#1
I know that when I see a chord like:
F#/D,it means its a D chord with F# as base.
That makes sense because it there is an F# note in a D major triad.
So I can call it an inverted chord(can I?).
Applies with something like E/G#.

But how about something like:
G/F#?
There is no F# in a G major triad.
SO how can I play an F# in a G chord?

I thought there was a method to create chords(from scales).
What kind of method is applied here???
#3
You are on the right track.

G/F#: F# is the major 7 to G. if you put the G in the bass and put the F# on the high E it becomes a Gmaj7.

G A B C D E F# g
Root, minor 2nd, major 3rd, major 4th, dominant 5th, major 6th, major 7th, octave.
Quote by EndTheRapture51
who pays five hundred fucking dollars for a burger
Last edited by Banjocal at Jun 19, 2011,
#4
a slash chord
G/f# is a g with an F# as the bass so you just add it to the bass
a way to play it could be
e3
bo
go
do
a2
e2
edit forgot to mention it is a Gmaj7 chord
Last edited by supersac at Jun 19, 2011,
#5
Quote by Banjocal

G A B C D E F# g
Root, minor 2nd, major 3rd, major 4th, dominant 5th, major 6th, major 7th, octave.




It's major 2nd, major 3rd, perfect 4th, perfect 5th, major 6th, major 7th and perfect octave.
#6
Quote by nerdinator
I know that when I see a chord like:
F#/D,it means its a D chord with F# as base.
That makes sense because it there is an F# note in a D major triad.
So I can call it an inverted chord(can I?).
Applies with something like E/G#.

But how about something like:
G/F#?
There is no F# in a G major triad.
SO how can I play an F# in a G chord?

I thought there was a method to create chords(from scales).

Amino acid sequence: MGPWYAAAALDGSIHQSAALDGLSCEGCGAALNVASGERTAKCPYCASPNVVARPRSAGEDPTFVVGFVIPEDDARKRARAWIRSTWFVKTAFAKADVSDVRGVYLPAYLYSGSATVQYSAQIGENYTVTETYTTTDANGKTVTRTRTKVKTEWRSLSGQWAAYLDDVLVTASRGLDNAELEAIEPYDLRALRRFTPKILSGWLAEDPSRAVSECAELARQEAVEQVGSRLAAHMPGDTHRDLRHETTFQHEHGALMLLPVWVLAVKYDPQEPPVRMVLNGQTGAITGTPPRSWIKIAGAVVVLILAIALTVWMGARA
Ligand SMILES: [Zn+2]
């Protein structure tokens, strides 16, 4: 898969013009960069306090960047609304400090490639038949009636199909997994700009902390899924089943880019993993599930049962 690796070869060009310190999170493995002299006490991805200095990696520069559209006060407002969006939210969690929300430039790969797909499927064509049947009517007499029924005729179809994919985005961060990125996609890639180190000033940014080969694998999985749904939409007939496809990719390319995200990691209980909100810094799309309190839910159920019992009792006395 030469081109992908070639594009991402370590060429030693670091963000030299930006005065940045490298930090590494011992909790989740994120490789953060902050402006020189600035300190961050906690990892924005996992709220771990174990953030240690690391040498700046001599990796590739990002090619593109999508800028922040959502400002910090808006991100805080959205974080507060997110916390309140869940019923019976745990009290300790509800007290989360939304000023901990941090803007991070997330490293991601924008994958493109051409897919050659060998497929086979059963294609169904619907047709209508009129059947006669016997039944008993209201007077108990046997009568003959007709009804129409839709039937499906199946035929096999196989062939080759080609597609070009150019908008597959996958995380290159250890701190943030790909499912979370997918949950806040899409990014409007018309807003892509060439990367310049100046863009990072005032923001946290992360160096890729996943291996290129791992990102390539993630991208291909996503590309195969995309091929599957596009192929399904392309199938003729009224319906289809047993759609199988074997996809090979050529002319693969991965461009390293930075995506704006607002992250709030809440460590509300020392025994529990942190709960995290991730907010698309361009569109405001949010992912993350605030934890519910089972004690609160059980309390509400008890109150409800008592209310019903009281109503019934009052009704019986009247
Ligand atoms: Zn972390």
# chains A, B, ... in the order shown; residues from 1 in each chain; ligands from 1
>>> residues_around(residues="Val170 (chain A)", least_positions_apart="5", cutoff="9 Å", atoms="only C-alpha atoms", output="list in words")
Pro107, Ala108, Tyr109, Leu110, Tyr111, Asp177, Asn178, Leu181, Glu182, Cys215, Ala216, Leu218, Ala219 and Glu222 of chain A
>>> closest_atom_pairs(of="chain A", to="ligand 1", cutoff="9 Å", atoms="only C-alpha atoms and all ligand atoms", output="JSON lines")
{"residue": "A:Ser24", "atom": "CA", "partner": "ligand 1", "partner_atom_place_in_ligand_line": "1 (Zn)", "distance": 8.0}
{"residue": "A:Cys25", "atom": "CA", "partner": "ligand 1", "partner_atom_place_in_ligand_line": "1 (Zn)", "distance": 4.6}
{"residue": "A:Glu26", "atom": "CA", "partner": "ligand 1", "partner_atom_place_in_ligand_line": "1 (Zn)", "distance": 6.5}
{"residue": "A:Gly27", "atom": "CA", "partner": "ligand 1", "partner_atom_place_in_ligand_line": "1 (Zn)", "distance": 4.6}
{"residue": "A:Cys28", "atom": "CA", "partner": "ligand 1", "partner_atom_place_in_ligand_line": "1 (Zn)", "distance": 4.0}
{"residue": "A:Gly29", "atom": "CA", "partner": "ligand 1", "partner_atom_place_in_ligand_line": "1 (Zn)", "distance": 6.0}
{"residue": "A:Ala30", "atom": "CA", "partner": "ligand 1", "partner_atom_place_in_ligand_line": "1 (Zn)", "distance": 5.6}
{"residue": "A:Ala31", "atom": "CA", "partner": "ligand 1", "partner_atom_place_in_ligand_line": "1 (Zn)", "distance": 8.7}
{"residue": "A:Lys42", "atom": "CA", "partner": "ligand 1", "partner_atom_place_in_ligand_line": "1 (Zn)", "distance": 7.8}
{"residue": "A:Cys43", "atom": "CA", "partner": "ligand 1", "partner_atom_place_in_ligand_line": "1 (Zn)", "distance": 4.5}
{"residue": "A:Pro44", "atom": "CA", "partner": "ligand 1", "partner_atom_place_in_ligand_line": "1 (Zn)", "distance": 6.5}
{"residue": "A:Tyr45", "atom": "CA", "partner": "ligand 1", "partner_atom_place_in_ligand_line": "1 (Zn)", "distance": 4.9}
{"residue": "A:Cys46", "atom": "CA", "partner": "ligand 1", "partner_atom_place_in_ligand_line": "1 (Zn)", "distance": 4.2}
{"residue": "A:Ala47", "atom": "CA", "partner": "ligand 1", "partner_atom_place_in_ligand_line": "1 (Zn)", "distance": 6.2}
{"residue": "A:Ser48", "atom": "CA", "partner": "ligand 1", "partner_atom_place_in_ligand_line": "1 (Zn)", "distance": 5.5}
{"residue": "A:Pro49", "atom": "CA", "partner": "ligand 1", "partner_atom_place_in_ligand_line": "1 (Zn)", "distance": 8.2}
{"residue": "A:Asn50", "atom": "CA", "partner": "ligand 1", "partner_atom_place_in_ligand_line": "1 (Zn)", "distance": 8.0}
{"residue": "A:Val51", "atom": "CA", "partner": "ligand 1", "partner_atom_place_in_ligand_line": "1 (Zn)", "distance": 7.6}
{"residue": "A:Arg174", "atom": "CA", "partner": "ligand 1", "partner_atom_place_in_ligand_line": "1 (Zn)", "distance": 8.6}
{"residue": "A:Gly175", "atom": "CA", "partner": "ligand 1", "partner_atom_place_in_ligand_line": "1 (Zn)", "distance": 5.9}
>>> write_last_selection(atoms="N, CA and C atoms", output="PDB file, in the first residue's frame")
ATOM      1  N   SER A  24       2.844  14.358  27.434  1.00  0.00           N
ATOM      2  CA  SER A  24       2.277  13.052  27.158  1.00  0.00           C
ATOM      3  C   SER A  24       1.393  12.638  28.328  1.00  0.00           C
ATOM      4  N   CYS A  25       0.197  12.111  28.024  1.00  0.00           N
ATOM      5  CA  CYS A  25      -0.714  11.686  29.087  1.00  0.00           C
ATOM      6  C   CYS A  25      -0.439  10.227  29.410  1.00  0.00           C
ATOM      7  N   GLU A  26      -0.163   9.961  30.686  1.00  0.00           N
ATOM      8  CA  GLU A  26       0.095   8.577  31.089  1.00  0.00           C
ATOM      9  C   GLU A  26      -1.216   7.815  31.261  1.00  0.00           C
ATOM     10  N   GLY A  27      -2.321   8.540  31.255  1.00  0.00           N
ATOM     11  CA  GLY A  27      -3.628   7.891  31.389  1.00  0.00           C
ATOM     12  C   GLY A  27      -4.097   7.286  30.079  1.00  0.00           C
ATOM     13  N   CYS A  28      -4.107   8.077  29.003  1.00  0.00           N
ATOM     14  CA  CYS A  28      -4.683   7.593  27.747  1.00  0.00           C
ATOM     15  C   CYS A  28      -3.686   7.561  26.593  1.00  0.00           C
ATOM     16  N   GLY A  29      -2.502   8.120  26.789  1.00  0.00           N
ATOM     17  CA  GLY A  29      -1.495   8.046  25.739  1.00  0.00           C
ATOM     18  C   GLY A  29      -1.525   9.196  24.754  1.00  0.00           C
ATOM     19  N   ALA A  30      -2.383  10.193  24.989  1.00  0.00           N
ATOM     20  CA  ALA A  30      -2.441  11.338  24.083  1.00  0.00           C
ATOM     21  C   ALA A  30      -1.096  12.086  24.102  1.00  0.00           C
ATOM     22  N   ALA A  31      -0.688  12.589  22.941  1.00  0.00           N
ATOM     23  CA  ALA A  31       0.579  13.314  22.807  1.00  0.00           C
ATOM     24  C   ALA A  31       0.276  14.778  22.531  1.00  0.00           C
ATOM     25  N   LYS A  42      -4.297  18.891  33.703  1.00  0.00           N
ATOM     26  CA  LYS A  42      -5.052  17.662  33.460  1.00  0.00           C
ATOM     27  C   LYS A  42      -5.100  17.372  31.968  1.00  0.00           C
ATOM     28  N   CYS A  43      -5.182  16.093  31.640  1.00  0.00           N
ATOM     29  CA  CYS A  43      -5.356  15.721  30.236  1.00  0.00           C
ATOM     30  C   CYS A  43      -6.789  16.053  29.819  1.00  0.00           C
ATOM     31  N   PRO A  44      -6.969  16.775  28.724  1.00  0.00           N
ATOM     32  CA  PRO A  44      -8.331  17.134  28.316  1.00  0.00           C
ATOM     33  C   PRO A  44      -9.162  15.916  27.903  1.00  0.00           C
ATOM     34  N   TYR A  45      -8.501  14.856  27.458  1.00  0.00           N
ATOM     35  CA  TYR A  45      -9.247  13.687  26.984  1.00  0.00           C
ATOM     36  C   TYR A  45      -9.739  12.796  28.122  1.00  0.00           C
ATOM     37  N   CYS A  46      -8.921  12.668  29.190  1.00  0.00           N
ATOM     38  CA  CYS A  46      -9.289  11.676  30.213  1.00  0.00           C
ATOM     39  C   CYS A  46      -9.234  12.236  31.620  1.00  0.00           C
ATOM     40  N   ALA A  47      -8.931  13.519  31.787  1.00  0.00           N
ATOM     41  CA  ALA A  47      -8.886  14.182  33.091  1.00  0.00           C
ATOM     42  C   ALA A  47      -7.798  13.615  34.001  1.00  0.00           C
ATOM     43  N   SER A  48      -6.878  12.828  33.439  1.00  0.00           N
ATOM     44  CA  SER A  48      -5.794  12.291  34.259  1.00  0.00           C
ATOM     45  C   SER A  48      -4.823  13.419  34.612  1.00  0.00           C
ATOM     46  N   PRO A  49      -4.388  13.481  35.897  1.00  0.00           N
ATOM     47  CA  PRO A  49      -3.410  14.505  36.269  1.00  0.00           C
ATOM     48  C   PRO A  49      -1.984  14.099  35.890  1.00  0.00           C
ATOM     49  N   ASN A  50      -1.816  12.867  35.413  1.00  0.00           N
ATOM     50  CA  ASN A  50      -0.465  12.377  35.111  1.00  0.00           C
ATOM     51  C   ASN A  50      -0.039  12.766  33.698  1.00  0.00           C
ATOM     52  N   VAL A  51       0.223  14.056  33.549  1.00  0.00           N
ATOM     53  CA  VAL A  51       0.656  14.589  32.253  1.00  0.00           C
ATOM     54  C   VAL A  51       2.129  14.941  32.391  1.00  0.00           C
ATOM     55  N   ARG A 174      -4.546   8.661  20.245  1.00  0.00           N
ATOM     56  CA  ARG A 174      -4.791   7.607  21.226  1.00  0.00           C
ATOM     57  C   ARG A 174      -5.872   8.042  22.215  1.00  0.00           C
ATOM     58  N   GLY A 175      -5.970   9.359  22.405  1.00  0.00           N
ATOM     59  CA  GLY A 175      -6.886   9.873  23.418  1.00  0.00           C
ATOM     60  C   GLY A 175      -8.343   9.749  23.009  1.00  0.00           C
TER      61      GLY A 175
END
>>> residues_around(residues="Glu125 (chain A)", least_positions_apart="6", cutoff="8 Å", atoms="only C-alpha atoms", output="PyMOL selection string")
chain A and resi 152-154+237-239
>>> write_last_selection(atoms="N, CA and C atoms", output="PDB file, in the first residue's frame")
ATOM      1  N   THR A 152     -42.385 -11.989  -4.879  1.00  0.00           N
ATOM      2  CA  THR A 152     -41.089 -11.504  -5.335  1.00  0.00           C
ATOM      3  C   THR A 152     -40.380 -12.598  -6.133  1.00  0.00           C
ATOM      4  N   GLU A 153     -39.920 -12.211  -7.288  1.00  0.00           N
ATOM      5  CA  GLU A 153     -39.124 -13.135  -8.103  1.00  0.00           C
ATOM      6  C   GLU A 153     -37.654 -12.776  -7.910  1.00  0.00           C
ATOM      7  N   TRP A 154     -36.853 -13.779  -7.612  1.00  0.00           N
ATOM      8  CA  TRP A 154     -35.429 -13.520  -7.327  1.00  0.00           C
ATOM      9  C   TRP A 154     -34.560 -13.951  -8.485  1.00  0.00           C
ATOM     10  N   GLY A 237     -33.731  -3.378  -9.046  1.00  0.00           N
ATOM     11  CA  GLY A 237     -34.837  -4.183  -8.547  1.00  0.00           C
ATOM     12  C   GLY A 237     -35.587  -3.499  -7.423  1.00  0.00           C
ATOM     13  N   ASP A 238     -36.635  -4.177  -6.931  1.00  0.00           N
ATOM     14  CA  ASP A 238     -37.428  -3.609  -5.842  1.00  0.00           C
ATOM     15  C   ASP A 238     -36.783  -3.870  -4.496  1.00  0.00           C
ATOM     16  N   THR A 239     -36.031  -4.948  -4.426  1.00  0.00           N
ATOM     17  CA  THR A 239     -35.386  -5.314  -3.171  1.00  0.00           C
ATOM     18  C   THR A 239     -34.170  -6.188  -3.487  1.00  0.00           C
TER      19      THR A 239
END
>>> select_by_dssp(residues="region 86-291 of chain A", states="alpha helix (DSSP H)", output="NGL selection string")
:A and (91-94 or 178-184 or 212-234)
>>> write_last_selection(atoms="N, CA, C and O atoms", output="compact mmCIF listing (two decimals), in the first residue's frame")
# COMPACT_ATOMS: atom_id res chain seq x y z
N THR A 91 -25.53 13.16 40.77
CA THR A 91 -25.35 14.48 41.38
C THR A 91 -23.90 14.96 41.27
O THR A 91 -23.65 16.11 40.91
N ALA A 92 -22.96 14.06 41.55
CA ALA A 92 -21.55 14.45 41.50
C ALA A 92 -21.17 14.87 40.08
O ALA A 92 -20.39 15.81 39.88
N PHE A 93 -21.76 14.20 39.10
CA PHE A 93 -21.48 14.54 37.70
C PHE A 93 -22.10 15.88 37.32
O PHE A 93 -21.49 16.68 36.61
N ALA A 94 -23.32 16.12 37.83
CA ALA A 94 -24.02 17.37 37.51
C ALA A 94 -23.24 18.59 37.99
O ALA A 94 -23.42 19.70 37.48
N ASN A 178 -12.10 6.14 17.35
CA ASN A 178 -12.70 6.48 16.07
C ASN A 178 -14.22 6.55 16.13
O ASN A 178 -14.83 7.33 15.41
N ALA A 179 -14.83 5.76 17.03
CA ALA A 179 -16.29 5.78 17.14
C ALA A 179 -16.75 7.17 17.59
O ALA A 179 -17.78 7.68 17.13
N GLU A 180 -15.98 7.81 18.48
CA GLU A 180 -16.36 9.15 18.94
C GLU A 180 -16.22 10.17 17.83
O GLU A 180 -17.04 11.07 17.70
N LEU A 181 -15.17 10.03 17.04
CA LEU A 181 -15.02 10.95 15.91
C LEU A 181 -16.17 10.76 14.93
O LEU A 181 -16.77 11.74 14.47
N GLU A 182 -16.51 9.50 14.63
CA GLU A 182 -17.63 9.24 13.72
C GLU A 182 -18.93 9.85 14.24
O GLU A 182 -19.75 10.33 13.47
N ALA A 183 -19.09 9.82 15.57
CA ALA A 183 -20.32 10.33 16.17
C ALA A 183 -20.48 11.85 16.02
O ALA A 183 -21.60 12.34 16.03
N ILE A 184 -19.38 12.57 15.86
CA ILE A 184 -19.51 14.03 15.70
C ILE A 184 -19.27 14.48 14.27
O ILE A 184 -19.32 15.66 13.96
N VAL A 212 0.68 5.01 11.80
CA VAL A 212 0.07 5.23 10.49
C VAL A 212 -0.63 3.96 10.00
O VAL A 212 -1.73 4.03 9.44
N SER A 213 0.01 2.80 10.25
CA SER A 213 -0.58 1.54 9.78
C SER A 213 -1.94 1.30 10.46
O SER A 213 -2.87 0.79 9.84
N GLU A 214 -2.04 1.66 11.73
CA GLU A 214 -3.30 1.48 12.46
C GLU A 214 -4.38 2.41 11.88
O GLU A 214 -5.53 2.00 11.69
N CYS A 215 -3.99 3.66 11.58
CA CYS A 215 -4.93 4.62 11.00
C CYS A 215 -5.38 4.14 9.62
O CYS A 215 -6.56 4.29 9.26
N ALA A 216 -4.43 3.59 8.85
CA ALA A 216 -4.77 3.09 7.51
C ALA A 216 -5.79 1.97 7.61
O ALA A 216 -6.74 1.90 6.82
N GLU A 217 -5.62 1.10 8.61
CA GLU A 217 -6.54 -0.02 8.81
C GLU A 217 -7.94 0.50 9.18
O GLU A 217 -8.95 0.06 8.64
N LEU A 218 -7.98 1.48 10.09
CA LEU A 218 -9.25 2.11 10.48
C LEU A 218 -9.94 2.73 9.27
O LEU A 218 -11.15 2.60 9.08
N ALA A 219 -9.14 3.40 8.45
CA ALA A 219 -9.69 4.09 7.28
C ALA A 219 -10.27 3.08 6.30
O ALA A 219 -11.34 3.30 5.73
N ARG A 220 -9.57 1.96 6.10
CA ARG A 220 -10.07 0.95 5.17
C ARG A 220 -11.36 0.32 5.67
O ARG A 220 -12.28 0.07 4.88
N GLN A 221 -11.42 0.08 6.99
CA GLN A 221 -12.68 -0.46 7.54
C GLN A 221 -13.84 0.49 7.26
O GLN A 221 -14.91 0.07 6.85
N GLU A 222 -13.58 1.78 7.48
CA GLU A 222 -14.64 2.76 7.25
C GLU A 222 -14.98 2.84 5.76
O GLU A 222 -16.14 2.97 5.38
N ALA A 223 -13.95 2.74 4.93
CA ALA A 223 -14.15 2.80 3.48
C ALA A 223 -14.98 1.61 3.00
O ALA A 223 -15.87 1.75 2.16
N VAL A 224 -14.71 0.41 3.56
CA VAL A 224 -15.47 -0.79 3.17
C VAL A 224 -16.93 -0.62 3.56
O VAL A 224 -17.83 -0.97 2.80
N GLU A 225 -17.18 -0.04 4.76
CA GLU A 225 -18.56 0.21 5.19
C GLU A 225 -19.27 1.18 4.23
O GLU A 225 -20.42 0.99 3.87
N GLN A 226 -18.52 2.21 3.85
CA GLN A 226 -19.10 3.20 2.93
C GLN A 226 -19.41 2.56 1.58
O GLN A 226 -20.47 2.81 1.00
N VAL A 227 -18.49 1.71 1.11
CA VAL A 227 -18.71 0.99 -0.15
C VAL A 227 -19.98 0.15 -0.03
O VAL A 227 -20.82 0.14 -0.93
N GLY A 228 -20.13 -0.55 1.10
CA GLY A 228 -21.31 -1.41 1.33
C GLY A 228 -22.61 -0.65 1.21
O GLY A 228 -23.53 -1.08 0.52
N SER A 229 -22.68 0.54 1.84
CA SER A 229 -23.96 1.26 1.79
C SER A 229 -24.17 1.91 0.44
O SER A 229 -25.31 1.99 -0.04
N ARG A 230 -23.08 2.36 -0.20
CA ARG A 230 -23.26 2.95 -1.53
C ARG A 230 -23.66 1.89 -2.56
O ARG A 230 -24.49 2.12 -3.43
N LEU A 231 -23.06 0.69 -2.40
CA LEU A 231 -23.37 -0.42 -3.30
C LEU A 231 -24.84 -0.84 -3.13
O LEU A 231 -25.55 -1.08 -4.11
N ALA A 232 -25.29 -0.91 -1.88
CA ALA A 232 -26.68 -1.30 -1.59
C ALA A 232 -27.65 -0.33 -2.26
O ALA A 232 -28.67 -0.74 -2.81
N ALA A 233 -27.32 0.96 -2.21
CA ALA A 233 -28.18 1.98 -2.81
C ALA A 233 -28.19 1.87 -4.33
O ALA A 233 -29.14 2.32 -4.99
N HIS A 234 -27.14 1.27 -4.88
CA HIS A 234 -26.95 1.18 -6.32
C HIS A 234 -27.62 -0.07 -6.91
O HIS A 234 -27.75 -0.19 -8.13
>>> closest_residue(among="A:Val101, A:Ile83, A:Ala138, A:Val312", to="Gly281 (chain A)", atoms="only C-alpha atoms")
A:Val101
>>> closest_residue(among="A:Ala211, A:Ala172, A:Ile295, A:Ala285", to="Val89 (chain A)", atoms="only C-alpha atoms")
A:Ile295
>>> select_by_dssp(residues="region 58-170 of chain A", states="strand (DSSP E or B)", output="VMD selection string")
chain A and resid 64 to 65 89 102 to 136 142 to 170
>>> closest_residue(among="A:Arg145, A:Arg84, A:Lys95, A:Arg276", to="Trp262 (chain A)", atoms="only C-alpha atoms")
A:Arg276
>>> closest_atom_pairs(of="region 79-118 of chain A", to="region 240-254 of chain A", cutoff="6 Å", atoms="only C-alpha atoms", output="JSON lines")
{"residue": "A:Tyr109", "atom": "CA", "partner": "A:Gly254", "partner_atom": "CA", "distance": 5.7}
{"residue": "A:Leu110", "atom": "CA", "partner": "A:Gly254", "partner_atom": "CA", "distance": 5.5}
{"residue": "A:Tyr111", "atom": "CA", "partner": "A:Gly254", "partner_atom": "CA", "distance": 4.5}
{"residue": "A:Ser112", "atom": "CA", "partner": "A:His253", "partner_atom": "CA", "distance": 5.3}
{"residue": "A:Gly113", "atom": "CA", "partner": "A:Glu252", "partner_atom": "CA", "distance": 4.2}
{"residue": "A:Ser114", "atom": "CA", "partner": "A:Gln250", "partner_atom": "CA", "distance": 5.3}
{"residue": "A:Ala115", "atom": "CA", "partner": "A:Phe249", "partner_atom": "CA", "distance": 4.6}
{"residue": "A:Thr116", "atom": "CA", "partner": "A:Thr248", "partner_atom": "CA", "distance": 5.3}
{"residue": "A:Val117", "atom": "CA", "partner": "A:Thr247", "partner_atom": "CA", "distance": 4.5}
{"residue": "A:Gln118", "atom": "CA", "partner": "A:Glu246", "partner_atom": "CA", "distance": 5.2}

What kind of method is applied here???

The note after the slash doesn't have to be a part of the chord before the slash. In fact, it is usually not a note from the chord
#7
F#/D is an F# major chord over a D bass note, not a D major over F#.
Quote by dmtransmutation
What the Grunge-haters think is just mindless musical nonsense, in reality is the restoration of the old rule of harmony to not write an entire song in one tonality/key
#8
Quote by Elden G20
F#/D is an F# major chord over a D bass note, not a D major over F#.

Yes.Sorry I meant,D/F#
#9
Quote by hames jetfield
The note after the slash doesn't have to be a part of the chord before the slash. In fact, it is usually not a note from the chord

No,it can be as in E/G#

Thank You all!

Okay,so the thing is it is actually an inverted Gmaj7 chord,represented like something else.Correct?
#10
Your right, it should function as a Gmaj7 in third inversion.
Quote by dmtransmutation
What the Grunge-haters think is just mindless musical nonsense, in reality is the restoration of the old rule of harmony to not write an entire song in one tonality/key
#11
Thank You!!!

and...
sorry hames jetfield,
you are right,I didn't read your post correctly

"The note after the slash doesn't have to be a part of the chord before the slash. In fact, it is usually not a note from the chord"